** Recommended for all travellers to Thailand **

What is typhoid?

Typhoid fever (or enteric fever) is an infection caused by bacteria found in contaminated food and water. The majority of cases worldwide are found in Asia. Symptoms include fever, headache, muscle or joint pains, constipation or diarrhoea and a rash. Complications include intestinal bleeding and perforation (a hole in the intestinal wall).

How do you prevent it?

Good hygiene and sanitation reduced the risk. It can be impossible to know how ‘safe’ local food and water is however, so the vaccination is strongly recommended for all visitors to Thailand. Ensure all water comes from sealed bottles, or recently boiled. Avoid ice in your drink.

When do you need the typhoid vaccination?

The typhoid vaccination is given in one single dose. It should be given 1 month before you travel, but can be given nearer your travel date.

 How much does the typhoid vaccination cost?

The typhoid vaccination is usually free on the NHS, obtainable through your GP. There will often be a charge, however, if you attend a private travel clinic to obtain your vaccinations.

** Recommended for some travellers to Thailand **

What is cholera?

Cholera is a bacterial infection that can be fatal. It is transmitted through contaminated food and water. Symptoms include severe watery diarrhoea, painful stomach cramps and vomiting. Without immediate treatment, dehydration sets in and you could go into shock.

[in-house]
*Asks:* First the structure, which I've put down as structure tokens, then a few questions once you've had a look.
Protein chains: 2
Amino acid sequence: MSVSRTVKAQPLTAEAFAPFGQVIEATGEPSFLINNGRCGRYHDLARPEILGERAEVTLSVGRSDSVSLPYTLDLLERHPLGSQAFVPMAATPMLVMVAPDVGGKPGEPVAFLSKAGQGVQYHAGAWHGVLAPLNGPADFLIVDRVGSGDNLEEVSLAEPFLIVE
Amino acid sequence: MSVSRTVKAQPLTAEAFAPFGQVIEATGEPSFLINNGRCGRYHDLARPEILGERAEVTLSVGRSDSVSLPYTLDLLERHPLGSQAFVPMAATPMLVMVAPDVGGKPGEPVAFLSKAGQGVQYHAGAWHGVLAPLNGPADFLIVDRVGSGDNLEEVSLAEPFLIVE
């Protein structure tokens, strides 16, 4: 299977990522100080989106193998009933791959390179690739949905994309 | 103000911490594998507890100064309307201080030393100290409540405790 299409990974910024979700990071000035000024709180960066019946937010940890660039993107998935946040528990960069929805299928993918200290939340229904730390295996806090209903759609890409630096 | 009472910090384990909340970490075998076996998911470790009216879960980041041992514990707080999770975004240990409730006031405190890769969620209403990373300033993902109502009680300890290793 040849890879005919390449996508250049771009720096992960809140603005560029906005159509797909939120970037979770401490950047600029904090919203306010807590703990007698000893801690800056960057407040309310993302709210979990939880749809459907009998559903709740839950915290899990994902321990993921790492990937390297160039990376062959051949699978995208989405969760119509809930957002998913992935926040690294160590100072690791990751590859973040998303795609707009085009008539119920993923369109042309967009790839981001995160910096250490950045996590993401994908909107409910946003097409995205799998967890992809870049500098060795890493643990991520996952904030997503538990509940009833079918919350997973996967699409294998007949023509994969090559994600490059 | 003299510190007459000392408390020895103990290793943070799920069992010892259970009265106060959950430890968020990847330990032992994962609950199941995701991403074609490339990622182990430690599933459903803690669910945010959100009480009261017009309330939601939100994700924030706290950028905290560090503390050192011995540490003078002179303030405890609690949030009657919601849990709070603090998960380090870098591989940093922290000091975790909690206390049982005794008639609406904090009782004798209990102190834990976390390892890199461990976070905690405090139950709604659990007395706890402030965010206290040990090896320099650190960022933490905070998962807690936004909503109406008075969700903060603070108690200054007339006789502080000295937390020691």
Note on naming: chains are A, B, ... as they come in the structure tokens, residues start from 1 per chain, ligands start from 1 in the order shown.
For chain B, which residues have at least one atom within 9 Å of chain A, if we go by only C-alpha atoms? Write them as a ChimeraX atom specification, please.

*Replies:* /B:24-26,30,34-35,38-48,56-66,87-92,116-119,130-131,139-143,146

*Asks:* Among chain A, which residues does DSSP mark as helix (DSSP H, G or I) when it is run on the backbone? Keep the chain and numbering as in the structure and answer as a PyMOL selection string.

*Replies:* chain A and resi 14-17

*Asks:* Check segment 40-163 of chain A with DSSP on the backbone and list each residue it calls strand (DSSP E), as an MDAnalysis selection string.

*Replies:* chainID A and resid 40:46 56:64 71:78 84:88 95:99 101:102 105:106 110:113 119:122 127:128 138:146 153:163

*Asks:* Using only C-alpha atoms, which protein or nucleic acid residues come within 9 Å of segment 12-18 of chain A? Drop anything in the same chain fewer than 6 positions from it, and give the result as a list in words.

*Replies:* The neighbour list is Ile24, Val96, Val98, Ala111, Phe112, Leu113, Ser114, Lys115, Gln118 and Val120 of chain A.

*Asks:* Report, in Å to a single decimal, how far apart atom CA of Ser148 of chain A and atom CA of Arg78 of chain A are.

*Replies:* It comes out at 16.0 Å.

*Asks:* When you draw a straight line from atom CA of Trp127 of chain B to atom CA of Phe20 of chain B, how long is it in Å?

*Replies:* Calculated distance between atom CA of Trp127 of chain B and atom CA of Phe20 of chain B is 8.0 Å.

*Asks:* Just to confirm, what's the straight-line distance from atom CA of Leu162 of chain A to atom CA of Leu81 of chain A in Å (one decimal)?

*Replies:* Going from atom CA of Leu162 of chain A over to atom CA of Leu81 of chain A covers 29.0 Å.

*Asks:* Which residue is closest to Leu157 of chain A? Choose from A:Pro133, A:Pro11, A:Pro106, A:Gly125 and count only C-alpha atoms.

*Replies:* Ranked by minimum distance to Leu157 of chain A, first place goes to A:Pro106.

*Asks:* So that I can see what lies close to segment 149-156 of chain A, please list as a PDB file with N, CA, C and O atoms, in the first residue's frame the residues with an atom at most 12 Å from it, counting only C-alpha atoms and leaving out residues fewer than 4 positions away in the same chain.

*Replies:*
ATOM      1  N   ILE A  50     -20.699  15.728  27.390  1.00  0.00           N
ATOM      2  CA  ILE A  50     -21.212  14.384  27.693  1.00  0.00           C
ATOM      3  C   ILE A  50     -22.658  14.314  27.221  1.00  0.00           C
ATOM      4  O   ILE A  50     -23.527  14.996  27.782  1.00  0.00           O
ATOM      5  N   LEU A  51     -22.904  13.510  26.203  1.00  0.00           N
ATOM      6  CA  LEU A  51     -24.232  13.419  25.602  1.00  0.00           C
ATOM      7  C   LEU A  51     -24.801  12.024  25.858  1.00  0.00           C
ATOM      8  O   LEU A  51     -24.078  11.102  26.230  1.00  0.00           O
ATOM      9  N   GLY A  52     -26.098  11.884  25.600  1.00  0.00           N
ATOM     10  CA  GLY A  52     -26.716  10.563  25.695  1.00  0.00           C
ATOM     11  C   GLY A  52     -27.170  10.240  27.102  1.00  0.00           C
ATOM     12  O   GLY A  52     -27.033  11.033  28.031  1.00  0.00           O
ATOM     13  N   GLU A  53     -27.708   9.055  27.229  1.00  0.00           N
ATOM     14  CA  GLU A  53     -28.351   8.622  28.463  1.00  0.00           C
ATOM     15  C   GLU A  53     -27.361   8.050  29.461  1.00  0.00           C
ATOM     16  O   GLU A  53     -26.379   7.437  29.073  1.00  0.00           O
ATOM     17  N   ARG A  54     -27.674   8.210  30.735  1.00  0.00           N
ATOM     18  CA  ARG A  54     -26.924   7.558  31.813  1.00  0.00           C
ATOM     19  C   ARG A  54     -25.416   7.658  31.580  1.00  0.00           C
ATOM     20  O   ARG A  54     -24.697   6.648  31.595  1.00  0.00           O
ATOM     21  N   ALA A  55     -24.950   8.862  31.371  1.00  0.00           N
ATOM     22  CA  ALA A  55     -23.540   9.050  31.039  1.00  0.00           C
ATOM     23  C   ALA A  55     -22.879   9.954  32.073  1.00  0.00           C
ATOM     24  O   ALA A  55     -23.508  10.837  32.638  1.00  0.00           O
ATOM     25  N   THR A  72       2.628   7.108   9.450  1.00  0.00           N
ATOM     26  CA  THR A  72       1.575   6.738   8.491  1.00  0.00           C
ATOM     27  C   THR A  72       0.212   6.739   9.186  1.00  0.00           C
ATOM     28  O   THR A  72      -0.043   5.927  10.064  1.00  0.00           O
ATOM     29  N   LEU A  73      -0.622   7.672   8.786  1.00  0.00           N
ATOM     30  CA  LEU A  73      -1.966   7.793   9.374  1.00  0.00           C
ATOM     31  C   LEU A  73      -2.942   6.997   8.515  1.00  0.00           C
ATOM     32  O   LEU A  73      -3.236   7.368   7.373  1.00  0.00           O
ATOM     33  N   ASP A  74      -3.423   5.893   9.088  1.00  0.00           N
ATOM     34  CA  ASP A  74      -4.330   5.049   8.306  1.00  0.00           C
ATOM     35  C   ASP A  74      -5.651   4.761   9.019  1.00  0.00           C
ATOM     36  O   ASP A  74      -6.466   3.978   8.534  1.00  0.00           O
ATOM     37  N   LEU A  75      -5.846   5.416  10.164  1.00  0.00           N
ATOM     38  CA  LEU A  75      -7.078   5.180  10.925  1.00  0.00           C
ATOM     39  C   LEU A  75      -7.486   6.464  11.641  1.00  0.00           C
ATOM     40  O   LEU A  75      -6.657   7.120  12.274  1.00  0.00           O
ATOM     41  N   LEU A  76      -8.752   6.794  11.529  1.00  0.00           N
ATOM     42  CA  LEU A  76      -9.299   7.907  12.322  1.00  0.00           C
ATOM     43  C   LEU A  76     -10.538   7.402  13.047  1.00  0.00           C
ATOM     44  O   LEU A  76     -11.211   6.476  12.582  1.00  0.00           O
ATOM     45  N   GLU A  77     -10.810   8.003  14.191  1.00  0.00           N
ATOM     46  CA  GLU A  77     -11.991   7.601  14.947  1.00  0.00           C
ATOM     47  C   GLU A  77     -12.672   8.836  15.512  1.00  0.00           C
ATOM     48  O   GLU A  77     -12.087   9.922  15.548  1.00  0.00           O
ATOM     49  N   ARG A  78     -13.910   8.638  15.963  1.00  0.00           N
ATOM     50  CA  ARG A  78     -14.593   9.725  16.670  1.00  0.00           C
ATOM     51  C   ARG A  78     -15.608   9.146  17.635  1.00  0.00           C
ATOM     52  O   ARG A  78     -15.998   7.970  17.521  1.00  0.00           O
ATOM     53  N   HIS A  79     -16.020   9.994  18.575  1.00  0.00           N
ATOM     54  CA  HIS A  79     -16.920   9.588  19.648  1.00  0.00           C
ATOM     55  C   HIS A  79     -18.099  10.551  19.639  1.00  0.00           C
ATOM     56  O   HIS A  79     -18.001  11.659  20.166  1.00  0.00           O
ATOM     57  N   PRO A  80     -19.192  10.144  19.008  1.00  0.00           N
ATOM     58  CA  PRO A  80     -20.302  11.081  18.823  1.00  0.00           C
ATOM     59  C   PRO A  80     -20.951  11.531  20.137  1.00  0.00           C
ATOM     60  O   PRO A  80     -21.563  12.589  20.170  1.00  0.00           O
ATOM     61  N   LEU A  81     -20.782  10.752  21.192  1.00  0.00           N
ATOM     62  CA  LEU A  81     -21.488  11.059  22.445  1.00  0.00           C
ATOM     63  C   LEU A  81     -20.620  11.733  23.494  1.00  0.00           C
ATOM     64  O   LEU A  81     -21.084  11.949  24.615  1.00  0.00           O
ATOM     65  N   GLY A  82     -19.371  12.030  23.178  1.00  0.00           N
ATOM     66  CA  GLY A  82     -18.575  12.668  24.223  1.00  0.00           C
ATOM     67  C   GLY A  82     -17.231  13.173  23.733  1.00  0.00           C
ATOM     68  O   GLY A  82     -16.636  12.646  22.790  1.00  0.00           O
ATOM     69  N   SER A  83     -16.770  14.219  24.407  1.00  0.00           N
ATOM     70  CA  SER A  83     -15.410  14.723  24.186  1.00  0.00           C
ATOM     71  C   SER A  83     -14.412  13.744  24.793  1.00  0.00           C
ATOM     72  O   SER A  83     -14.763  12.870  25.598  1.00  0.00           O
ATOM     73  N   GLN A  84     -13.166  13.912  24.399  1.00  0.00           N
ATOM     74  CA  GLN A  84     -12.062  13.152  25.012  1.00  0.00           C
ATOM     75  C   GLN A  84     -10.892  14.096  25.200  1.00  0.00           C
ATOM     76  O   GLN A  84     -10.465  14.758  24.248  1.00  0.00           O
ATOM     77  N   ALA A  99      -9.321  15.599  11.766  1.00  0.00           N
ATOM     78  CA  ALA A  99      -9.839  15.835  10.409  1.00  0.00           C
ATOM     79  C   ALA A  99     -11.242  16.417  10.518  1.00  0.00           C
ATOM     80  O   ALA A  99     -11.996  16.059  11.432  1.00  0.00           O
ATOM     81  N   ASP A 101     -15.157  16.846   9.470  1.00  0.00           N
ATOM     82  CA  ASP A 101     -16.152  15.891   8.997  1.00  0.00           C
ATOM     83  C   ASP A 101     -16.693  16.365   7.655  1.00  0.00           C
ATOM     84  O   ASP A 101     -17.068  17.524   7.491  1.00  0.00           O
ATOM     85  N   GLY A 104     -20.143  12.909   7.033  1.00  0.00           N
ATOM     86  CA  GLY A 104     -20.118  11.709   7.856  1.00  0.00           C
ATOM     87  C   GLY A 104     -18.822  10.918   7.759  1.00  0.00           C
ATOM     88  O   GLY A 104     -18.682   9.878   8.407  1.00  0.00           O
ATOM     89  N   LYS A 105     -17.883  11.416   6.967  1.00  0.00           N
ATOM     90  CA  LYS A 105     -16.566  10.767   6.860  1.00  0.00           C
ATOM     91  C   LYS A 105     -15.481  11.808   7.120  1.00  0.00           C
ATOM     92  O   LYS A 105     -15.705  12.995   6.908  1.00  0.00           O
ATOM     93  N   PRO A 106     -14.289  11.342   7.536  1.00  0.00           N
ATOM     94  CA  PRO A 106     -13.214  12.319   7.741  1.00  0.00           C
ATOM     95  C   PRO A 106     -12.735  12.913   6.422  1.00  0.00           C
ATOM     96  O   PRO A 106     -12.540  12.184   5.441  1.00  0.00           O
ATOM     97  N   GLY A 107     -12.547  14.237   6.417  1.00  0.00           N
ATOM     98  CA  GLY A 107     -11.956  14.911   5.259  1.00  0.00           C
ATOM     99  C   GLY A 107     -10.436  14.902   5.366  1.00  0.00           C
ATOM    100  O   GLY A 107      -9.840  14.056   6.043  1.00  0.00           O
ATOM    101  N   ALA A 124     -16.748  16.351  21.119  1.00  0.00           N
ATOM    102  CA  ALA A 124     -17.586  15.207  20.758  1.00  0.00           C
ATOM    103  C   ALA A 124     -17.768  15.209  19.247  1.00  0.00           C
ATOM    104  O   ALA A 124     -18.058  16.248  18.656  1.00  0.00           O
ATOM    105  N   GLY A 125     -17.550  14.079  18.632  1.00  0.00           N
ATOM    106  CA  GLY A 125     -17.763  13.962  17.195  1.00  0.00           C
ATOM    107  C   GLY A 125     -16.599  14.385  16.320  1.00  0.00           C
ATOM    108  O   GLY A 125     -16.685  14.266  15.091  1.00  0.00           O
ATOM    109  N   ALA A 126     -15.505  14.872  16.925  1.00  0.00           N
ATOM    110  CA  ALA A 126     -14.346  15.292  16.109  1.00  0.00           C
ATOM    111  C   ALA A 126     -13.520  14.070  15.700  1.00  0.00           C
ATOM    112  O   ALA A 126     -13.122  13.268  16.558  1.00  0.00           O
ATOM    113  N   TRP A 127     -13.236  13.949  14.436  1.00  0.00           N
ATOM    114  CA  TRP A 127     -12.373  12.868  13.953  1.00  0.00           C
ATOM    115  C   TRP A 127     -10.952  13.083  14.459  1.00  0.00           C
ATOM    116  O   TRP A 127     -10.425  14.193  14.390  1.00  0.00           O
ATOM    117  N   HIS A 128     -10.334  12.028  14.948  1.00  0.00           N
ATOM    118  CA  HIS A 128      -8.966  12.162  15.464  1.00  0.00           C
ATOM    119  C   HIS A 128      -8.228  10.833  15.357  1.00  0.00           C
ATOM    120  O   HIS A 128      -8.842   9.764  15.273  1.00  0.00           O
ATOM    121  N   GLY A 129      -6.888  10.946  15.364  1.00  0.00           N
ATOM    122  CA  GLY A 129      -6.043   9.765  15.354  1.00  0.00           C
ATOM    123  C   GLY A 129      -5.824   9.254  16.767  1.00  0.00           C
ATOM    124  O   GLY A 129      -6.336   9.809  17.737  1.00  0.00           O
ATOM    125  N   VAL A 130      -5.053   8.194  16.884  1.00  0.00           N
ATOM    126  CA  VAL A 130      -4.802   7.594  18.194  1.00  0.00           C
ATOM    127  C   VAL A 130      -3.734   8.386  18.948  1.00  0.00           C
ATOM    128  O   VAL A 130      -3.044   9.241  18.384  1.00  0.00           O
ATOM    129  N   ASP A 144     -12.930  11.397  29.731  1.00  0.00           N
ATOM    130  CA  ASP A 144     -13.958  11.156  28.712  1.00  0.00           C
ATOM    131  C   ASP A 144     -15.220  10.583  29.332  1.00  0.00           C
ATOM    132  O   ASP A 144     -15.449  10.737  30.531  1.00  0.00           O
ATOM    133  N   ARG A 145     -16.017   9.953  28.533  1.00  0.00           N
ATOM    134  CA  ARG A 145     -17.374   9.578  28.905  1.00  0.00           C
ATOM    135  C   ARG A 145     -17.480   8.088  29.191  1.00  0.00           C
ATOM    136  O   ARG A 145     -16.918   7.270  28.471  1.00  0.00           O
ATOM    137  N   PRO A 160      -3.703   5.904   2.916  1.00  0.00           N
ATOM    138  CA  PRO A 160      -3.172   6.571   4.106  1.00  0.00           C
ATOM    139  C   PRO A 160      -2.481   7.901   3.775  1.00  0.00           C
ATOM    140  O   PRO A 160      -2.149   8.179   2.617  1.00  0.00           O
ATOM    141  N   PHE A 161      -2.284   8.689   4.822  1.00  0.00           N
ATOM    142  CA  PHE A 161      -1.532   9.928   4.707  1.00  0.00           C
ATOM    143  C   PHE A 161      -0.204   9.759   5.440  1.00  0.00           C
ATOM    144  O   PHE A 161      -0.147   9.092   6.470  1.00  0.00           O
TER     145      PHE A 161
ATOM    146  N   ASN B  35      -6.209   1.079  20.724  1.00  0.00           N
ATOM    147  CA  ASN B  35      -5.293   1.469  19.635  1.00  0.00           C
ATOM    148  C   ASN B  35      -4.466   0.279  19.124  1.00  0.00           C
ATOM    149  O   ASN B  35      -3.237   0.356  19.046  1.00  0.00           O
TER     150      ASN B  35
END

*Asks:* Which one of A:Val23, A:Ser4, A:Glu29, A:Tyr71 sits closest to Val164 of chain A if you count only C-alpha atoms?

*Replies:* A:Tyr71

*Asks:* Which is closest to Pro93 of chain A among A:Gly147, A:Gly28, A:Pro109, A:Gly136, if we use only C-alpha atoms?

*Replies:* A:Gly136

How do you prevent it?

Good hygiene and sanitation reduced the risk. It is particularly contagious if the stools of an infected person reach a water supply – through overcrowding or a communal water supply. The vaccination is strongly recommended for certain groups of people – aid workers, visiting sites of current or previous cholera infections, and when you may be in remote locations without access to safe supplies of water. If you are unable to find bottled water, only drink water that has recently been bottled.

Speak to your GP or a nurse about whether you need the vaccination.

When do you need the cholera vaccination?

The cholera vaccination is given in the form of a liquid drink. Several doses should be taken approximately 4 weeks apart.

How much does the cholera vaccination cost?

The cholera vaccination is usually free on the NHS, obtainable through your GP. There will often be a charge, however, if you attend a private travel clinic to obtain your vaccinations.

** Recommended for some travellers to Thailand **

** Recommended for some travellers to Thailand **

** Recommended for some travellers to Thailand **

** Recommended for some travellers to Thailand **

Other risks

Certification requirements

The only proof of vaccination you require when entering Thailand is if you have come from a country with an ‘at risk of yellow fever’ status. That means you’ve either travelled in the country, you live in the country, or even if you’ve spent more than 12 hours transiting through the country – this includes airport layovers!

Which countries have a risk of yellow fever?

Angola, Argentina, Benin, Bolivia, Brazil, Burkino Faso, Burundi, Cameroon, Central African Republic, Chad, Colombia, Congo, Cote d’Ivorie, Democratic Republic of the Congo, Ecuador, Equatorial Guinea, Ethiopia, French Guiana, Gabon, Gambia, Ghana, Gunea, Guinea-Bissau, Guyana, Kenya, Liberia, Mali, Mauritania, Niger, Nigeria, Panama, Paraguay, Peru, Senegal, Sierra Leone, South Sudan, Sudan, Suriname, Togo, Trinidad and Tobago, Uganda, Venezuela